Back at Disc 953 I provided a list of best albums of 2016 but I’m not linking to it, and don’t look it up – it’s wrong. I made that list too soon, and while there are a lot of great records on it since then I’ve found a lot more. This next album is one of them.
Disc 1081 is…Honest Life
Artist: Courtney Marie Andrews
Year of Release: 2016
What’s up with the Cover? The return of the Giant Head cover. The Giant Head cover was a lot more popular back in the seventies, but Courtney Marie Andrews is kind of a throwback to that era, so it makes sense. Also as Giant Heads go, I find hers pleasant to look at.
How I Came To Know It: I read a review of the album and decided to check out a couple of tracks. I liked what I heard.
How It Stacks Up: I only have one Courtney Marie Andrews album, but I’m on the prowl for the album that preceded this one, 2013’s “On My Page”. For now, I can’t make a stack out of one album.
Ratings: 5 stars
I spent an hour last night standing with twenty other people waiting for a bus that never came. This should have annoyed me, but when you have Courtney Marie Andrews’ “Honest Life” keeping you company it just feels like part of the journey. My heart swelled and soared with beauty while all around me people fretted, peered down the road and thumbed away furiously at their smart phones.
“Honest Life” is an apt name for this record, which is raw and emotionally evocative. I heard in an interview that Andrews got a lot of her ideas for this record talking to people while working in an Eastern Washington State pub. Whether she is taking on their stories or telling her own – and it is often hard to tell – she applies an unflinching honesty to the subject. There is a lot of heartache on an “Honest Life” and Andrews dives deep as she explores it.
The music is folk-tinged country, played straight up, no chaser. The songs don’t call for a lot of technical wizardry from the band and the production is sparse and keeps everything even in the mix, letting the songwriting and Andrews’ vocals draw you in. Sometimes this can be a bigger challenge to a band than complex arrangements, because it exposes any falseness or lack of feeling. Fortunately, everyone on “Honest Life” fully commits, throwing their hearts into the songs with the same courage as Andrews.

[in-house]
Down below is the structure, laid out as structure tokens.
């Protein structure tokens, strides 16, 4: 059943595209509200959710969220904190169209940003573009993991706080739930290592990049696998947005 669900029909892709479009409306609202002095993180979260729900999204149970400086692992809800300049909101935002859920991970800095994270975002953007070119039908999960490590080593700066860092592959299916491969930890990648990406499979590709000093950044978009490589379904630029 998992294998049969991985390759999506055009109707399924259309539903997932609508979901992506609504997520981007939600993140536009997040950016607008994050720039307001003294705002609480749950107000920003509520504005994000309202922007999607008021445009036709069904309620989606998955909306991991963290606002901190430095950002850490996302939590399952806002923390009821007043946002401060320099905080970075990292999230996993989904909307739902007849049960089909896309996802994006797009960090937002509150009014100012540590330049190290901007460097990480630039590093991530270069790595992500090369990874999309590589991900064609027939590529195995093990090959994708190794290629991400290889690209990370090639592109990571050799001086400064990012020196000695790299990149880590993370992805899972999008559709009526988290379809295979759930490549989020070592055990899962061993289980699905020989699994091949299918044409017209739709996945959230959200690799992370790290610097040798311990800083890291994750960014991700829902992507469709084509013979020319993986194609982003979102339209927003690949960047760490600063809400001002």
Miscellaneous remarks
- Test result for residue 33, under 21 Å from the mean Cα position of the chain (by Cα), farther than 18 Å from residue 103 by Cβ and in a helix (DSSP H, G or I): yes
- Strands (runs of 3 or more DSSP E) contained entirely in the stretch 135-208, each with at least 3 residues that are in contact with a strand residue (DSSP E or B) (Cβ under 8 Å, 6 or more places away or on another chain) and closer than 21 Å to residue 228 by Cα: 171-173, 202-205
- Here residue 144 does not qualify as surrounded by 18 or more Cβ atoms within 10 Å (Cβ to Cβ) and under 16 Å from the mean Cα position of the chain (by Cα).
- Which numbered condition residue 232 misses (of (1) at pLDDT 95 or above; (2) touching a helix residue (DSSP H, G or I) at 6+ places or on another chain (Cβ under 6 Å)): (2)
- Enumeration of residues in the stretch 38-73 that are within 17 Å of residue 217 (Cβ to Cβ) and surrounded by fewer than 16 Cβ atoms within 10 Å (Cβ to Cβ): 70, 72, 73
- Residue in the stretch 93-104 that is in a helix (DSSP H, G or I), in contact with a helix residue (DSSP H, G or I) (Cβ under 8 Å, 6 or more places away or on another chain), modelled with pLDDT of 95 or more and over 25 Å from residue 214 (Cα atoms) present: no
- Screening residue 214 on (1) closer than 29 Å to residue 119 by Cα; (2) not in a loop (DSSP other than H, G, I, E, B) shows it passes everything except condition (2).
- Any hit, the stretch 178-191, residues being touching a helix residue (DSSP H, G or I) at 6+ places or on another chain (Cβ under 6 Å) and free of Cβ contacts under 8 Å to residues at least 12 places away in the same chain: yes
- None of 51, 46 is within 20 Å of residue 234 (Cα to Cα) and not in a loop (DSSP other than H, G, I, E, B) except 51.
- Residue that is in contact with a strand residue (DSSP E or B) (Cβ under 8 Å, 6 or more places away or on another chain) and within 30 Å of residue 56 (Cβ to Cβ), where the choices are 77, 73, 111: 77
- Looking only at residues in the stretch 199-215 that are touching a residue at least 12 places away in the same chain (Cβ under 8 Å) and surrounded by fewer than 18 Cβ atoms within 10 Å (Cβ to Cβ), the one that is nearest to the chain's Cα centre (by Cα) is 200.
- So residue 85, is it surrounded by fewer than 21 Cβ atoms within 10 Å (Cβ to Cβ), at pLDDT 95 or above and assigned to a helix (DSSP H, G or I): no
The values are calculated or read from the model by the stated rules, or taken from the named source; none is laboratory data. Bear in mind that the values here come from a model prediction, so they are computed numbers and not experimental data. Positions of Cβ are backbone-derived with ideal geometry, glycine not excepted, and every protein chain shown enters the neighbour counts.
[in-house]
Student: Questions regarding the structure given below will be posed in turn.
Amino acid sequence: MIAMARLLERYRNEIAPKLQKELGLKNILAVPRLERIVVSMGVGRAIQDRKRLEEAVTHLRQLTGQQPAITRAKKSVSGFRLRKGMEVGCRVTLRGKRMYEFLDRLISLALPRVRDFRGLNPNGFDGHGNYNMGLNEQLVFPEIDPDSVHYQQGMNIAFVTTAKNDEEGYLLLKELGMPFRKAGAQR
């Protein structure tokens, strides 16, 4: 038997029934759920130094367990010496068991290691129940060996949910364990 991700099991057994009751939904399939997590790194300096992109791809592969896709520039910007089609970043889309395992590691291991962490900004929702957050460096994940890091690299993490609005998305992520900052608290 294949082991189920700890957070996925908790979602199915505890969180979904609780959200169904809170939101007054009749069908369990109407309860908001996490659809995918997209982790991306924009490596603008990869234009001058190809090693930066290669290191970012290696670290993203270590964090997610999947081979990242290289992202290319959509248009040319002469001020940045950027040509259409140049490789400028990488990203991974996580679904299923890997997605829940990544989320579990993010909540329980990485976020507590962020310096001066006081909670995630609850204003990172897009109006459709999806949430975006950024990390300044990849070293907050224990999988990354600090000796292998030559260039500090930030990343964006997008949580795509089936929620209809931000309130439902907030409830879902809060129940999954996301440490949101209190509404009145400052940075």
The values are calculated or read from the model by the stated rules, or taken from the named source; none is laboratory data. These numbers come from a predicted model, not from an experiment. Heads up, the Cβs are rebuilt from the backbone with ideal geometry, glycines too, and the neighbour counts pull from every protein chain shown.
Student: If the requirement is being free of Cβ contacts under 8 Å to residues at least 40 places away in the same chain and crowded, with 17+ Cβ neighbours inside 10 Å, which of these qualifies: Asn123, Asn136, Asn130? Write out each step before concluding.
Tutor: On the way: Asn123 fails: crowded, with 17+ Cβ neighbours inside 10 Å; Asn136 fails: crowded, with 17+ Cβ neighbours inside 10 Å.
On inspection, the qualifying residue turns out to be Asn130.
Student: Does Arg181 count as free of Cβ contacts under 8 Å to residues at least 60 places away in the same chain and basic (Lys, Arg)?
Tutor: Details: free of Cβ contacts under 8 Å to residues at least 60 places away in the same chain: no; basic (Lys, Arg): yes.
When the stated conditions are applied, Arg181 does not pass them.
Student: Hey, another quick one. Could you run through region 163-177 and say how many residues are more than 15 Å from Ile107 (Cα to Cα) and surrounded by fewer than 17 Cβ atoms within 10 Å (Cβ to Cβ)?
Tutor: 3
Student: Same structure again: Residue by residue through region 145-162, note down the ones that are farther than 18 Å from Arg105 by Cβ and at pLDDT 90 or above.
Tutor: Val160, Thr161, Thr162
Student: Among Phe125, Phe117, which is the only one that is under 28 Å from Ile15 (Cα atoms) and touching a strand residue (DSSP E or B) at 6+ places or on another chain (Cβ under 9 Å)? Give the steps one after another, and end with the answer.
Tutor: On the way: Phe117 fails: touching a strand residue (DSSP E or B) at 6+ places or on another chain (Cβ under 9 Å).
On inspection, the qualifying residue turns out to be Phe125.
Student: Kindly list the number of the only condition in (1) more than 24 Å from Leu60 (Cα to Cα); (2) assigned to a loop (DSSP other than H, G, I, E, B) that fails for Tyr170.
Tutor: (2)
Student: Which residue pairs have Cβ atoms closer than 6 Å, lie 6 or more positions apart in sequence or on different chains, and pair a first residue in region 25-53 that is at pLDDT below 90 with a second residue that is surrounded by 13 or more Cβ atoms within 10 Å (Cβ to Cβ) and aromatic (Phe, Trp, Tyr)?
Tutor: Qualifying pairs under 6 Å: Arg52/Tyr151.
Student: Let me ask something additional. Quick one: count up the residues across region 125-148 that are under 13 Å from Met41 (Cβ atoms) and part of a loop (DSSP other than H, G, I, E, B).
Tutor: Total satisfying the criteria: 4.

Andrews was only 25 when she made this album, but she has an old soul. Her tone is rich with a very subtle quaver in the upper register. It feels timeless, and the way she makes the hair stand up on the back of my neck reminded me of Emmylou Harris. Like Harris, Andrews can sing in an exposed and delicate way that makes you catch your breath. She has a frayed innocence and pathos that evokes the first time you felt lovelorn, or lost or uncertain, but with a core of conviction that reminds you how you pulled yourself together and carried on.
The first songs that catch your attention are the road-weary mid tempo numbers. Andrews opens the album with “Rookie Dreaming” and when she lands the opening line “I was singin’ with the choir on the train” you wish with all your heart you could’ve been on that train. Listening to her, you kind of are. On “Put the Fire Out” when she sings the chorus:
“I am ready to put the fire out
There’s a place for everything
And I think I know mine now.”
The melody line walks down with a conviction that matches her commitment. There’s some uncertainty in that “I think” section, but the music tells you that she’s going to be OK. These songs are a balm for anyone feeling a little uncertain about life. They’re so real and true that they go beyond telling Andrews’ story, or even the story of her bar patrons, they tell your story too.
There is a plainness in Andrews writing that speaks very directly, and lets the metaphors she chooses stand out stark and clear. “Irene” tells the story of a woman with bad luck in men, or as Andrews puts it:
“You are a magnet, Irene
Sometimes good people draw troublesome things.”
Or she’ll just go for the plain truth, no need for literary terms. Such as on “Let the Good One Go”:
“They say a goodbye is a goodbye
That my heart won’t ache
All it will take is time
But I’d like to think pain ain’t that black and white”
These lines are a good encapsulation of this record; forthright and direct but not pretending to have all the answers. Life isn’t about simple solutions or defined end points, it’s a journey that flows like a river until one day, it doesn’t. While it flows it’s nice to have someone like Courtney Marie Andrews helping put words to those swells in your heart that are so hard to translate.
On the title track, Andrews sings:
“All I’ve ever wanted was an honest life
To be the person that I really am inside.”
Some people take a lifetime and never achieve this, but at the tender age of 25, Andrews has delivered a record that does so on every song.
Empty inspirationals are like candy – immediately gratifying, but ultimately leaving you empty and wanting more. “Honest Life” is food for the soul, filling you with resolve and leaving you a better and wiser person than before you heard it.
Best tracks: All tracks